Updates from April, 2013 Toggle Comment Threads | Keyboard Shortcuts

  • Rick Mc 9:09 am on April 24, 2013 Permalink | Reply  

    on discipline timeouts 

    My standard discipline policy for Recreational gymnasts is an escalating series of penalties:

    1) warning
    2) second warning
    3) 2 minute timeout
    4) 5 minute timeout
    5) meet with parent

    … Some psychologists do believe that if you practice good “positive discipline” techniques, by stating facts rather than demands, using distraction to steer kids away from danger, and working out solutions as a family, you shouldn’t need timeouts, or at least not very often. And timeouts can be ineffective, psychologically damaging, and make behavioral problems worse. …

    Yet …

    … plenty of research suggests that timeouts are safe and useful when parents employ them properly and in the right situations. …

    Slate – Are Timeouts Messing Up Your Kids?

    Only if you’re doing them wrong. (And yes, you probably are.)

    An interesting read.


  • Rick Mc 8:56 am on November 28, 2012 Permalink | Reply  

    Play it Forward – Rec Gym 

    Dar wants underprivileged kids to do Gymnastics.

    Click PLAY or watch it on YouTube.

    She’s the Rec guru behind GymtasticsGymTools.

  • Rick Mc 12:08 am on March 19, 2012 Permalink | Reply  


    Good reminders for those managing sports programs.

    1. Hire right.
    2. Offer clear goals.
    3. Manage by walking around.
    4. Share your finances.
    5. Do incentives right.
    6. Build trust.
    7. Treat workers like people.


    Island Tag, a classic gymnastics game that helps develop motor skills like balance, agility, coordination and spacial awareness.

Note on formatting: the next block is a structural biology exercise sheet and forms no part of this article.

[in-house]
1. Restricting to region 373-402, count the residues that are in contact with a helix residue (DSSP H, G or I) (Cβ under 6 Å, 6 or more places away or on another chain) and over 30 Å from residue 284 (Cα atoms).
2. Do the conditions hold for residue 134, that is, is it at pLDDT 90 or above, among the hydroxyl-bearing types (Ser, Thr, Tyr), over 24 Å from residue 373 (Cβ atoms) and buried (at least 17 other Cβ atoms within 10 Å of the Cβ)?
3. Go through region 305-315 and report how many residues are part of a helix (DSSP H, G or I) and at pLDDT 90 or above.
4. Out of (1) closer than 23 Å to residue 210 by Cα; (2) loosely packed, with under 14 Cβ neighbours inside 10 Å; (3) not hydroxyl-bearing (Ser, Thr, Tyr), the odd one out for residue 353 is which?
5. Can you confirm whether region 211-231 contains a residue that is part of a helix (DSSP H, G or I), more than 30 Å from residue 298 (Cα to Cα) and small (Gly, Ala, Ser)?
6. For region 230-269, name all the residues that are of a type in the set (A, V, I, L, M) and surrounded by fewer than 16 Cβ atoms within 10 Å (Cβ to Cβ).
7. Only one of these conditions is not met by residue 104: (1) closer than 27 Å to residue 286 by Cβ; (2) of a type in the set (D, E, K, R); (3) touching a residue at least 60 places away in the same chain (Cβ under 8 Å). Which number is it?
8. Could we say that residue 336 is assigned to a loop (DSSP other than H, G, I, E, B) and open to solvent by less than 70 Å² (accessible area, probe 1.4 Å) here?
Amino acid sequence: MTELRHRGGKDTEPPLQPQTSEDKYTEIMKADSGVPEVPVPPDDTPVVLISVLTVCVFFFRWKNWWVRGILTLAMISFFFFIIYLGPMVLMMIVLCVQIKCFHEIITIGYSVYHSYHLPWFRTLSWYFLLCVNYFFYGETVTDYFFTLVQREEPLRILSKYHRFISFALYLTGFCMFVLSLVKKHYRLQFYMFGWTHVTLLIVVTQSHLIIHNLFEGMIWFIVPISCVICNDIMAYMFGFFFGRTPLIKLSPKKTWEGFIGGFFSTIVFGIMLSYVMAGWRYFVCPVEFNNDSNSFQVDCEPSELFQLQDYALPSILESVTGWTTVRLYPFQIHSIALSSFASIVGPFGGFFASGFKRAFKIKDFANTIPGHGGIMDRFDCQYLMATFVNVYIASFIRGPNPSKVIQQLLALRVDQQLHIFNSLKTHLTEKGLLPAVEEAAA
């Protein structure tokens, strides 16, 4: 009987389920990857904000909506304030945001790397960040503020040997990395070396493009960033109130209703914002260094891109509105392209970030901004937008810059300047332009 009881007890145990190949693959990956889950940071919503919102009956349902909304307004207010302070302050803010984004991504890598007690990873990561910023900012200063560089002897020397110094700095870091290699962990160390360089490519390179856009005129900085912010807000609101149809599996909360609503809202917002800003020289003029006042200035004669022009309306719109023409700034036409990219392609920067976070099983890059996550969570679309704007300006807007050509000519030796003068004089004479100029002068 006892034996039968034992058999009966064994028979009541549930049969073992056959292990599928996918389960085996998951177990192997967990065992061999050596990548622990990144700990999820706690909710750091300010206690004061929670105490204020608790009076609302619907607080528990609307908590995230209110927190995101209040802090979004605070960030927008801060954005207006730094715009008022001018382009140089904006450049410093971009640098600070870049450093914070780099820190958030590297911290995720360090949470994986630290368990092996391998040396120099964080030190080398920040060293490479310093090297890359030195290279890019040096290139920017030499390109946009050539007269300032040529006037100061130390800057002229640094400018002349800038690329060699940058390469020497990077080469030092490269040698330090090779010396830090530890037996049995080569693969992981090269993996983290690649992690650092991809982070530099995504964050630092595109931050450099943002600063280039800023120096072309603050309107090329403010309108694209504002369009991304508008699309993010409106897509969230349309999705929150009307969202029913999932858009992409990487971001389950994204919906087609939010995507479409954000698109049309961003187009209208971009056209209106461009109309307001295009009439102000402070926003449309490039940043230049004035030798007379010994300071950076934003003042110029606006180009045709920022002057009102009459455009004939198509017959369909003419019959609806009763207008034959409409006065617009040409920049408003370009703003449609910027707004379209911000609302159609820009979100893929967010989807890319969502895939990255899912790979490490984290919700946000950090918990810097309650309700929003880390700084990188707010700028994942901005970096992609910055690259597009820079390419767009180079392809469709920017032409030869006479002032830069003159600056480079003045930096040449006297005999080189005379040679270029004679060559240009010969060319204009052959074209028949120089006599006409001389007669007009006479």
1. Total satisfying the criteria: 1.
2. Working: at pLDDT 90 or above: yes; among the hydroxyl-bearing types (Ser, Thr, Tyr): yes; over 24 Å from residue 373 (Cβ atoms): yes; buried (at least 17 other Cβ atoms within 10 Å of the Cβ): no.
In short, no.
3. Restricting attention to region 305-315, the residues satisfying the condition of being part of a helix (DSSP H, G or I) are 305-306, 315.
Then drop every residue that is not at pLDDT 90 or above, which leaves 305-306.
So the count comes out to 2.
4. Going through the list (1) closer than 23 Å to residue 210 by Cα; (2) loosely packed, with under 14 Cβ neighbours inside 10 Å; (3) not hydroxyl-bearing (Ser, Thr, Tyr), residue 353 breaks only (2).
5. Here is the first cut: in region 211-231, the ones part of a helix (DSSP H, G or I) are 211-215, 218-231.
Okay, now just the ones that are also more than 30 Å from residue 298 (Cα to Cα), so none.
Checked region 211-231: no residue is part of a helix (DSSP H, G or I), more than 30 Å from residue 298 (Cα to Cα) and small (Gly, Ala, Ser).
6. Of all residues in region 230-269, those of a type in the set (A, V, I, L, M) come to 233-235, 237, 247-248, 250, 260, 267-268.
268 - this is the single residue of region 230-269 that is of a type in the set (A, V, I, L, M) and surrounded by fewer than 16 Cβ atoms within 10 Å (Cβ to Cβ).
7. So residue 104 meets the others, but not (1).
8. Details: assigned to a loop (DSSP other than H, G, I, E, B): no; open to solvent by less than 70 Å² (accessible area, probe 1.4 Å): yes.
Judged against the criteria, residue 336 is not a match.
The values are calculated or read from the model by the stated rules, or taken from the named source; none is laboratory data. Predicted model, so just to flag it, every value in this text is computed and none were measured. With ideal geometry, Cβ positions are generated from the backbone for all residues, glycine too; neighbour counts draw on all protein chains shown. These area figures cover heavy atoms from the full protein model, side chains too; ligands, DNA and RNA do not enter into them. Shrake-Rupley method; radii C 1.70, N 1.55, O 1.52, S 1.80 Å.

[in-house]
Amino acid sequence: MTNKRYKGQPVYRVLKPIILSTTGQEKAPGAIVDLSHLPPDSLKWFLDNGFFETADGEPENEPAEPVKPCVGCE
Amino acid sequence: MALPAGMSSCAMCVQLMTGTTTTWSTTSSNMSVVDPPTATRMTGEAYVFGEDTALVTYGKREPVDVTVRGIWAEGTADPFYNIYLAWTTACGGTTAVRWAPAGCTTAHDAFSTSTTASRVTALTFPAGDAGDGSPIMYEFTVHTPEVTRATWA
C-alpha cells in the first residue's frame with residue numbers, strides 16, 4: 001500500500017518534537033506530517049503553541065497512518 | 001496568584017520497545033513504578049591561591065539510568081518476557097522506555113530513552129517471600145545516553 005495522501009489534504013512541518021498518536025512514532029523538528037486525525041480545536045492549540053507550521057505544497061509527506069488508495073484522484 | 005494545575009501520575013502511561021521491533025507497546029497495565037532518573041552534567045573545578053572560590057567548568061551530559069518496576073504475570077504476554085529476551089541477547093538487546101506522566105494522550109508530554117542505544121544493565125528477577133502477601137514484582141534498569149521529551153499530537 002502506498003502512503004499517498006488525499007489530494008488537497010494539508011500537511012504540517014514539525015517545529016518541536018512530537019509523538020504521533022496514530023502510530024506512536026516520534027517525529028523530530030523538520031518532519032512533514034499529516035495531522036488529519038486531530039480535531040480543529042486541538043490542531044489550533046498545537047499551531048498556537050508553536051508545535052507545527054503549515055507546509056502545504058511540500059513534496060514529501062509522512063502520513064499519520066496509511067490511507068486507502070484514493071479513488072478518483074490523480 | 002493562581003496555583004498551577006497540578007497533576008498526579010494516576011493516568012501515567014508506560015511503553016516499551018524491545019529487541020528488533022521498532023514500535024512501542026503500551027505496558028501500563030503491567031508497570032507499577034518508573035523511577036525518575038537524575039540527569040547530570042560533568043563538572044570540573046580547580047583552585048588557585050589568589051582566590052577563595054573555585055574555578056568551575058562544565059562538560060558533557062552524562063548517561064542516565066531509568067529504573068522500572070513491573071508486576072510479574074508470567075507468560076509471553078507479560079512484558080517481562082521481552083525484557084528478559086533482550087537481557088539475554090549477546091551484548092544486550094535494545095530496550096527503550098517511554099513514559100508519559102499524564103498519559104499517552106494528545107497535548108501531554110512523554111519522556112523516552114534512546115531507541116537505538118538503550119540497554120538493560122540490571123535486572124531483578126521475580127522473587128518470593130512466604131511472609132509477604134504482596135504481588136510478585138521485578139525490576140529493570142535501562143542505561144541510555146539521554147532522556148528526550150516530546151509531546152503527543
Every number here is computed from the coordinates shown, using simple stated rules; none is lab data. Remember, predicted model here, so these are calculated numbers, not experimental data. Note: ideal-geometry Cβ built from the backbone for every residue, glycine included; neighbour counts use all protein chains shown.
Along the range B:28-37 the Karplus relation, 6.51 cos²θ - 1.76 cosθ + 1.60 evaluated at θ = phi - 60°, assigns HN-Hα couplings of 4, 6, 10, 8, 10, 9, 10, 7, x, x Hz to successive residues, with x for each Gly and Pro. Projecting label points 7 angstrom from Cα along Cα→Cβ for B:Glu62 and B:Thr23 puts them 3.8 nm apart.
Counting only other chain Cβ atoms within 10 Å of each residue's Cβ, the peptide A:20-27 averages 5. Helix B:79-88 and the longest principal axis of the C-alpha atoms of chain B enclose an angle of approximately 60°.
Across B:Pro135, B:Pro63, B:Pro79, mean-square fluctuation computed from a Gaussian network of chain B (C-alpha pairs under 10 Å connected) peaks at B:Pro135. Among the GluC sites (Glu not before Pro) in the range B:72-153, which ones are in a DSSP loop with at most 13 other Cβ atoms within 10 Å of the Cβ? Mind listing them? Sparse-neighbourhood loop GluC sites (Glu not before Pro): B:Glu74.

That’s A-Mazing Adventures in Regina.

  • Rick Mc 2:10 pm on March 7, 2011 Permalink | Reply  

    Facebook Privacy Settings 

    A BIG new issue at gymnastics clubs is Facebook.

    Young people, young coaches, often learn the hard way not to post inappropriate text, photos and video.

    Here’s an up-to-date summary of Privacy Settings. As you know, Facebook changes them often and deliberately makes them confusing. It’s in their interest that members keep their settings as public, as possible.

    Click PLAY or watch it on YouTube.

    related – 24yr old teacher resigns over Facebook photos

  • Rick Mc 5:01 am on February 6, 2011 Permalink | Reply  

    gymnastics video/photo privacy 

    When you post photos and videos of gymnasts online, with permission, consider editing your privacy settings to restrict comments.

    Here’s an example of how that’s done on flickr.com.

    It’s even more important if you post gymnastics videos online.

    The biggest problem … idiots making stupid comments.

    related – Connect Safely – Top 10 Safety Tips for Video-Sharing

    (via Gymnastics Coaching)

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